- Most of the cities which were formerly under the princely states’ rule had a wall indicating the need for protection. The wall now is being demolished to give place for new business markets flanked on both sides by spacious roads and multi-storied buildings used as offices, financial and commercial establishments, and even for residential purposes in some cases.
- “With the change in the concept of security, the city wall appears to be an anachronism. In Jodhpur, in view of the futility, it is now being demolished at various places to give way to roads and to provide more space for shopping centers.”
- The same is the case in Udaipur where the city wall is now being demolished for the development of the central business area where banks, financial institutions, and retail stores find sites in buildings erected on both sides of the roads radiating east, north, and westward from the gates of the demolished wall.
Significant works have been done by geographers like Garrison, Kusum Lata, Jhon E Bush, and Prof. Ashok Dutta on the morphology of Indian cities.
Garrison (American) work:
- It is known as “Fused growth theory on Urban Morphology”. It has emerged as model work for the study of modern metro cities of South Asia in particular. E.g. Jakarta. According to him there are three important trends:
- Up to 1990 there has been concentric growth of towns.
- From 1900 to 1950, there has been sectoral growth because of growth of transportation.
- After 1950, there is multi-nuclei growth.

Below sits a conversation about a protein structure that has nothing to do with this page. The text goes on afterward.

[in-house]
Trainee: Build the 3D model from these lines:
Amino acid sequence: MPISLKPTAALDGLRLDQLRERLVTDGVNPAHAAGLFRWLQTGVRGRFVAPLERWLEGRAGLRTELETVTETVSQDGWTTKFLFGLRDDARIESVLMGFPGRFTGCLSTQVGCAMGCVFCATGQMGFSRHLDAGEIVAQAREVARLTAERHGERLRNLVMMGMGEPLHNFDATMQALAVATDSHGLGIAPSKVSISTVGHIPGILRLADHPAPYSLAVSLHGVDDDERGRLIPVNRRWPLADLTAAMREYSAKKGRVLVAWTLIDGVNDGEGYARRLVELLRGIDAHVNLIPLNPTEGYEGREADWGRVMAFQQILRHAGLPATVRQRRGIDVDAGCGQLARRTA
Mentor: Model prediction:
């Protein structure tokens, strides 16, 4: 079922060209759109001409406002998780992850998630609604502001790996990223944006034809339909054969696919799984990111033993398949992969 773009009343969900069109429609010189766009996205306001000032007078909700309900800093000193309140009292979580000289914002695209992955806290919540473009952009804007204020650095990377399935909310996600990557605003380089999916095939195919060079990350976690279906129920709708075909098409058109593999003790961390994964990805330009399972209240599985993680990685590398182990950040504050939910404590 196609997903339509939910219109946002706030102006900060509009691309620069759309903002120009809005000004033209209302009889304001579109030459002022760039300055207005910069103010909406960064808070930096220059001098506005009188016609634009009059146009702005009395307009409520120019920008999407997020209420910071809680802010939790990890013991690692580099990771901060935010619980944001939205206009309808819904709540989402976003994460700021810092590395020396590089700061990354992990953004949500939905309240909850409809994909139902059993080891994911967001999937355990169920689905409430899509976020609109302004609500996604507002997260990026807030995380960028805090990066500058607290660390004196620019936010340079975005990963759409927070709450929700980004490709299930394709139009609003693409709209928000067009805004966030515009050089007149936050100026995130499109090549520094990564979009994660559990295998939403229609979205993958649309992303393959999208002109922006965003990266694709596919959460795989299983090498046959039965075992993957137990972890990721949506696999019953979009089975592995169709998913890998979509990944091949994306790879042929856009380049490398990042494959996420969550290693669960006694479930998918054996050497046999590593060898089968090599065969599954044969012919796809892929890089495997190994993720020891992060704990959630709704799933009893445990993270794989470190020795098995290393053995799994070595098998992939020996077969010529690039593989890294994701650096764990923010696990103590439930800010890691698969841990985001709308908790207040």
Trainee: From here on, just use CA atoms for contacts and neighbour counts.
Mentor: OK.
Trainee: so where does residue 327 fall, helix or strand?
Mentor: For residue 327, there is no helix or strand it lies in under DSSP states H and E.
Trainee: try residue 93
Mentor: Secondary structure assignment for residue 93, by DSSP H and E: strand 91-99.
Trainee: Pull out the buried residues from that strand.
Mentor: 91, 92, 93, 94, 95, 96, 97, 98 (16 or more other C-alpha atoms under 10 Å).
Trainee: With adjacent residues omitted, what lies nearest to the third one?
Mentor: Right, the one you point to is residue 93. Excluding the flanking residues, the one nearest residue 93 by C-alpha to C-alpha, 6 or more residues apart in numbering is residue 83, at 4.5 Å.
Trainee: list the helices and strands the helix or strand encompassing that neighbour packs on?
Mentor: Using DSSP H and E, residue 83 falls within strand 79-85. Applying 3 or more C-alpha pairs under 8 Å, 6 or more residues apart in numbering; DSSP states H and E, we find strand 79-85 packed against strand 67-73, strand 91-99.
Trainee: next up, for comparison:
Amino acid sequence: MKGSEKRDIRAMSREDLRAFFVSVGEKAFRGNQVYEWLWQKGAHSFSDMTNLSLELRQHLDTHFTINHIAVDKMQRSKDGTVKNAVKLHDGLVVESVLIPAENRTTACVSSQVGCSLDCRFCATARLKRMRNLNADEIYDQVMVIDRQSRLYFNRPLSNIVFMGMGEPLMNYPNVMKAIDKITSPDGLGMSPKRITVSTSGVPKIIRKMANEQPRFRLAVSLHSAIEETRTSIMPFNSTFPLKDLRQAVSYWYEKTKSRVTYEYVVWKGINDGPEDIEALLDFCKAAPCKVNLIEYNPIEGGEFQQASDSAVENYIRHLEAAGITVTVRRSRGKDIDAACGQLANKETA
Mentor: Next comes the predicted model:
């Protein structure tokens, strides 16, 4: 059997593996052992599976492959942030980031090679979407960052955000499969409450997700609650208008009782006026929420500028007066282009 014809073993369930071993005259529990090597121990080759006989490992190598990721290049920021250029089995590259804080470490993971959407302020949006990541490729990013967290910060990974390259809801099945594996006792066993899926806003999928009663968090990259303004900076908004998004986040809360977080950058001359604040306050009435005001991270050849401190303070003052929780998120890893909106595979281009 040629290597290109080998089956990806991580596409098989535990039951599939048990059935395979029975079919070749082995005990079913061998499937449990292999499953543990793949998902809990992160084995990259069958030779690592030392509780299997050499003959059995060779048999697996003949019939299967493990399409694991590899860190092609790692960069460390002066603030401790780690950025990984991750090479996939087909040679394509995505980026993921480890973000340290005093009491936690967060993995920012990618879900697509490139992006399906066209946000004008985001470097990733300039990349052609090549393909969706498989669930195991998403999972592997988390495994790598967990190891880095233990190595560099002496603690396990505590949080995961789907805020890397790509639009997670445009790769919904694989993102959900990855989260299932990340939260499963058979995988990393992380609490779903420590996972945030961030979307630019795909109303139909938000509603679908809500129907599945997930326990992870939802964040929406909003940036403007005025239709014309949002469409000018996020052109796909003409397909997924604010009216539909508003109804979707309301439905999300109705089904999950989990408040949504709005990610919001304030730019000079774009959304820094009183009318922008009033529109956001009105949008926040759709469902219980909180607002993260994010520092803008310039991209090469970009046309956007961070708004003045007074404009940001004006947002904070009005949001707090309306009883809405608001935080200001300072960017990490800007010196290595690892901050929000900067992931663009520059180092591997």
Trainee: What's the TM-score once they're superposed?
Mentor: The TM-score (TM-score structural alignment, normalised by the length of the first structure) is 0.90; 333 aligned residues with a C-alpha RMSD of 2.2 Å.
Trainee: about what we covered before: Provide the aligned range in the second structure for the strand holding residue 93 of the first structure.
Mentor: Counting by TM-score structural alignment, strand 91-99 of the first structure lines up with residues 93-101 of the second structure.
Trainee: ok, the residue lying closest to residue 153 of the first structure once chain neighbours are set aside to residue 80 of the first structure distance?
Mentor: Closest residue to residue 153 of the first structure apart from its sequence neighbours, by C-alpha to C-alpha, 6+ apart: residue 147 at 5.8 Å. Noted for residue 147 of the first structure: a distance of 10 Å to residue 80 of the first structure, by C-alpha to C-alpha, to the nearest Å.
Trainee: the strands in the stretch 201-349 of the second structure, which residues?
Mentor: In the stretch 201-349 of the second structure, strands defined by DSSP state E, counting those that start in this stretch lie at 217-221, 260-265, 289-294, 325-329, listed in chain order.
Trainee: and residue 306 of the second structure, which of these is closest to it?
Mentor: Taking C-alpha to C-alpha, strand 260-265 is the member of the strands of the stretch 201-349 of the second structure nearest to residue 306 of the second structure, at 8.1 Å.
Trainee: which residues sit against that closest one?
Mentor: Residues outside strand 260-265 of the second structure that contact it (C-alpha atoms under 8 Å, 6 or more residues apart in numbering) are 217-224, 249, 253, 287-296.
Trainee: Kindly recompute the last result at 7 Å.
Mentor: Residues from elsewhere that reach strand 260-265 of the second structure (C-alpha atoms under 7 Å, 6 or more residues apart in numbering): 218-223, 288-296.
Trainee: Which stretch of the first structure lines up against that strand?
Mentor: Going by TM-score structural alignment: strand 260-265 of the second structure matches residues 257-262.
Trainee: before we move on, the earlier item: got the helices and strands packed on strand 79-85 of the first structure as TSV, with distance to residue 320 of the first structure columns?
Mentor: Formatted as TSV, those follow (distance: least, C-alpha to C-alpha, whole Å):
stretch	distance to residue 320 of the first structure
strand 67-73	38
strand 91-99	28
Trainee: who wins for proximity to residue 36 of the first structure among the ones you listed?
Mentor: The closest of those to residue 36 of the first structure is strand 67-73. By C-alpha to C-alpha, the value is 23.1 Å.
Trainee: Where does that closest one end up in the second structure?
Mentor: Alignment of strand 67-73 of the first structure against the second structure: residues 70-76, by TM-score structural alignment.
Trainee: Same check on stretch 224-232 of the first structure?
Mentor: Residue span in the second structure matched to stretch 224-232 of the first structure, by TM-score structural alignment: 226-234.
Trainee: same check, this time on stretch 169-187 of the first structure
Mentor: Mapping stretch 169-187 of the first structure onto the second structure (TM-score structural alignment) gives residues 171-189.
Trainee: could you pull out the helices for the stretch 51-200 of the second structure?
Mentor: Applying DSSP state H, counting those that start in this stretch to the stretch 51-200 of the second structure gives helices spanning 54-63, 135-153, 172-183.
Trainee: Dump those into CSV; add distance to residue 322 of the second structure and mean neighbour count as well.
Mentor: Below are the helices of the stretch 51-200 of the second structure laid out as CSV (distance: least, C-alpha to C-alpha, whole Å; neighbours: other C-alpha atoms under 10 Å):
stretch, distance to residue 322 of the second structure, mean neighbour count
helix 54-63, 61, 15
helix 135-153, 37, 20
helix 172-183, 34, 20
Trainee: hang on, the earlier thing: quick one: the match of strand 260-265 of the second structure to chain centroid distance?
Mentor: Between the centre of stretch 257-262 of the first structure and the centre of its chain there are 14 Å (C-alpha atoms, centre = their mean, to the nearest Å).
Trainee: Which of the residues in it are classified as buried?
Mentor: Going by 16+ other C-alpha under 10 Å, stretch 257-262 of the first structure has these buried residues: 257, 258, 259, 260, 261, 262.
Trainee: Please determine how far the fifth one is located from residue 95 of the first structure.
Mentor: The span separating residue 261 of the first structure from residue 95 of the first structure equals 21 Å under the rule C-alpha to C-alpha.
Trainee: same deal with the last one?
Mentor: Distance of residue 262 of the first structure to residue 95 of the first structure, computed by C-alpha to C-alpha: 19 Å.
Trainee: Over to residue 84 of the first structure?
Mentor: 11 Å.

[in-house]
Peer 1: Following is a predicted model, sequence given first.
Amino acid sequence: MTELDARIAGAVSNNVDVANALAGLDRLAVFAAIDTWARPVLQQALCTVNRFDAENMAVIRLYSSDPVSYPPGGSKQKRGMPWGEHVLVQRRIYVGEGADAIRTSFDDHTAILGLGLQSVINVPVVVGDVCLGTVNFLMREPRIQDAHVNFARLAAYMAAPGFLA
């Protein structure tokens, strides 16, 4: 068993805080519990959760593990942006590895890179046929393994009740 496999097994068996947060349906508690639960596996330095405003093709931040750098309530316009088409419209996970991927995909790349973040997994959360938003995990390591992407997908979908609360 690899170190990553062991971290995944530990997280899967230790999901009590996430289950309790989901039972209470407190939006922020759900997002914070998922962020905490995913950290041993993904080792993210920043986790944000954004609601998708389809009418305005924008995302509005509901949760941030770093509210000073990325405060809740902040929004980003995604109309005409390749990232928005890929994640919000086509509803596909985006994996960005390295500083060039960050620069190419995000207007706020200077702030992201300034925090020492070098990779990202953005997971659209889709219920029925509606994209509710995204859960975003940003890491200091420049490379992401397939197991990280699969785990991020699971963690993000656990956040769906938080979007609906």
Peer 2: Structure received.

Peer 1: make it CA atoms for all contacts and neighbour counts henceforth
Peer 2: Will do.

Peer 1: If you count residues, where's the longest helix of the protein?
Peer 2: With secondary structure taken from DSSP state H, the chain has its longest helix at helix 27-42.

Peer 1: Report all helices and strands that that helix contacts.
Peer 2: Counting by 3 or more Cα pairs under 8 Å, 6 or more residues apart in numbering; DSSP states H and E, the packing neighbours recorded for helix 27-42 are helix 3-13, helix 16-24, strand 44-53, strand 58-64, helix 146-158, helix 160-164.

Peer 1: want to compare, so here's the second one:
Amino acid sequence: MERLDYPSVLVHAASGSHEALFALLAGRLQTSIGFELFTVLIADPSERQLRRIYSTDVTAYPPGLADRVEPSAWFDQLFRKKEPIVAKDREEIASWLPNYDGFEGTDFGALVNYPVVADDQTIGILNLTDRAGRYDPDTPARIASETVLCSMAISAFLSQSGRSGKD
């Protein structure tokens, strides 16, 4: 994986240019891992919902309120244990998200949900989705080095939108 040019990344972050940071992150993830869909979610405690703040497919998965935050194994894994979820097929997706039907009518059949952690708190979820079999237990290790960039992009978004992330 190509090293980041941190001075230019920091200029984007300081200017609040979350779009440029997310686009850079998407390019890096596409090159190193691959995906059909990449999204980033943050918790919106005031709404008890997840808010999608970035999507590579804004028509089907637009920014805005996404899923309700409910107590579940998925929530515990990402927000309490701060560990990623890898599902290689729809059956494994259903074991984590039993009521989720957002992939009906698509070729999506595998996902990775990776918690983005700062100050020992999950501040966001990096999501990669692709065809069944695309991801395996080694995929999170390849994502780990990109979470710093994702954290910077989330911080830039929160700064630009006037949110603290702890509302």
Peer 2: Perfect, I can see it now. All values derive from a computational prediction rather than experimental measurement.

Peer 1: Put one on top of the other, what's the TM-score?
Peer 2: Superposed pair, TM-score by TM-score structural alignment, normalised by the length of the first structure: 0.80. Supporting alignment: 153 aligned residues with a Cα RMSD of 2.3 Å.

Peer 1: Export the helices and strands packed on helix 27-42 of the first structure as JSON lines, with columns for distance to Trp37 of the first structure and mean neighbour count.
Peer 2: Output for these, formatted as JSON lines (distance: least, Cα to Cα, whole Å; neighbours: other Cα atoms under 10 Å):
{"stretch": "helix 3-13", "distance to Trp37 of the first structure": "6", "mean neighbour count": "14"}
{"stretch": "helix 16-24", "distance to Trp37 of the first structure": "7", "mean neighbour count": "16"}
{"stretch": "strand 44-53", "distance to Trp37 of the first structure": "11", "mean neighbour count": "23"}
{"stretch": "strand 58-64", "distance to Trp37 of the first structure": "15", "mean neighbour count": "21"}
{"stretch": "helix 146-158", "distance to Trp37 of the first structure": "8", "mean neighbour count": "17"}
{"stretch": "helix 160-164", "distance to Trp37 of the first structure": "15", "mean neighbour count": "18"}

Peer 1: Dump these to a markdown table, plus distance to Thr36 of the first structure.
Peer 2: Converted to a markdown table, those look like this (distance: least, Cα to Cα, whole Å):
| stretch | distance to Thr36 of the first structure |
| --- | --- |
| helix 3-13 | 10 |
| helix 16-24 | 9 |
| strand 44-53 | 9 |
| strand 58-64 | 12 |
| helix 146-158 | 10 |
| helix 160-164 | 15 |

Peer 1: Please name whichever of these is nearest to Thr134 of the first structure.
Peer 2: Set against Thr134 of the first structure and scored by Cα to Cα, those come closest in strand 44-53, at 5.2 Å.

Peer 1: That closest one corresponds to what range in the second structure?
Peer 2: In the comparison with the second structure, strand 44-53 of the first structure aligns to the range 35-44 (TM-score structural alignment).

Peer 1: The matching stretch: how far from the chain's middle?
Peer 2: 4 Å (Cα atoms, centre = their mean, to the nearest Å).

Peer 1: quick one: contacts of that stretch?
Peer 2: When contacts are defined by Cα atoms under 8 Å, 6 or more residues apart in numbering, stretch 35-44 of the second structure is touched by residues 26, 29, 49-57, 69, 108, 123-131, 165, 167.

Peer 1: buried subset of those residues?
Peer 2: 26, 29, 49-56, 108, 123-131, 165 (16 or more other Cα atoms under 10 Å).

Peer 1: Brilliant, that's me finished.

- The case study of Varanasi and Calcutta is in agreement with the Garrison’s model.
- Garrison’s model has been criticised for being a model of large sized towns and not for all towns.
Mrs Kusum Lata’s work:
- She has divided Indian towns morphology into
- Planned Towns: Chandigarh, Gandhinagar are the examples of planned towns. They are based on rectangular or grid pattern of settlements and roads.
- Unplanned towns: They dominate the scene of urban area and are characterised by haphazard growth due to following factors:
- Histro-genetic characteristics
- Many Indian towns are village turned towns
- Phenomenal rural urban migration
- In west, built up area emerges after the establishment of infrastructure. In India the scene is just reverse.
- Increases internal functions and slum settlements
- Tendency of Indian people to live near CBD
- Planned cum unplanned towns:
- It involves two sets of urban morphology within a defined municipal area.
- Planned areas generally have colonial history whereas unplanned areas are the older towns in the city. For example Connaught Place (planned) and Red Fort area (unplanned) in Delhi.
- It is the characteristics of all colonial cities.
Professor Ashok Dutta’s Work on Morphology of Indian cities:
- The study of Professor Ashok Dutta was based on two aspects: Nature of CBD and Residential Segregation.
- Indian CBD is different from Western CBDs. Only 4 CBDs- Mumbai, Delhi, Kolkata and Chennai have similar CBDs, where, in day time there is high activity while at night they are deserted.
- In most other Indian towns CBD is not an exclusive market zone rather it is also characterised by high population density.
- There is tendency of Indian society to live in CBD.
- E.g. Delhi is the case study of Medieval and quasi planned town. There are 2 nucleione is pre-industrial nucleus (Chandani Chowk) and other is modern nucleus (modern nucleus).
- Multiple nuclei model can be applied in Delhi. Delhi has lately seen the emergence of further new CBDs e.g. South Extension (VII), Heavy manufacturing (VI) – Okhla, Nangoli, and Residential Suburbs (VIII) – Sonipat, TDICD, DLF City, etc.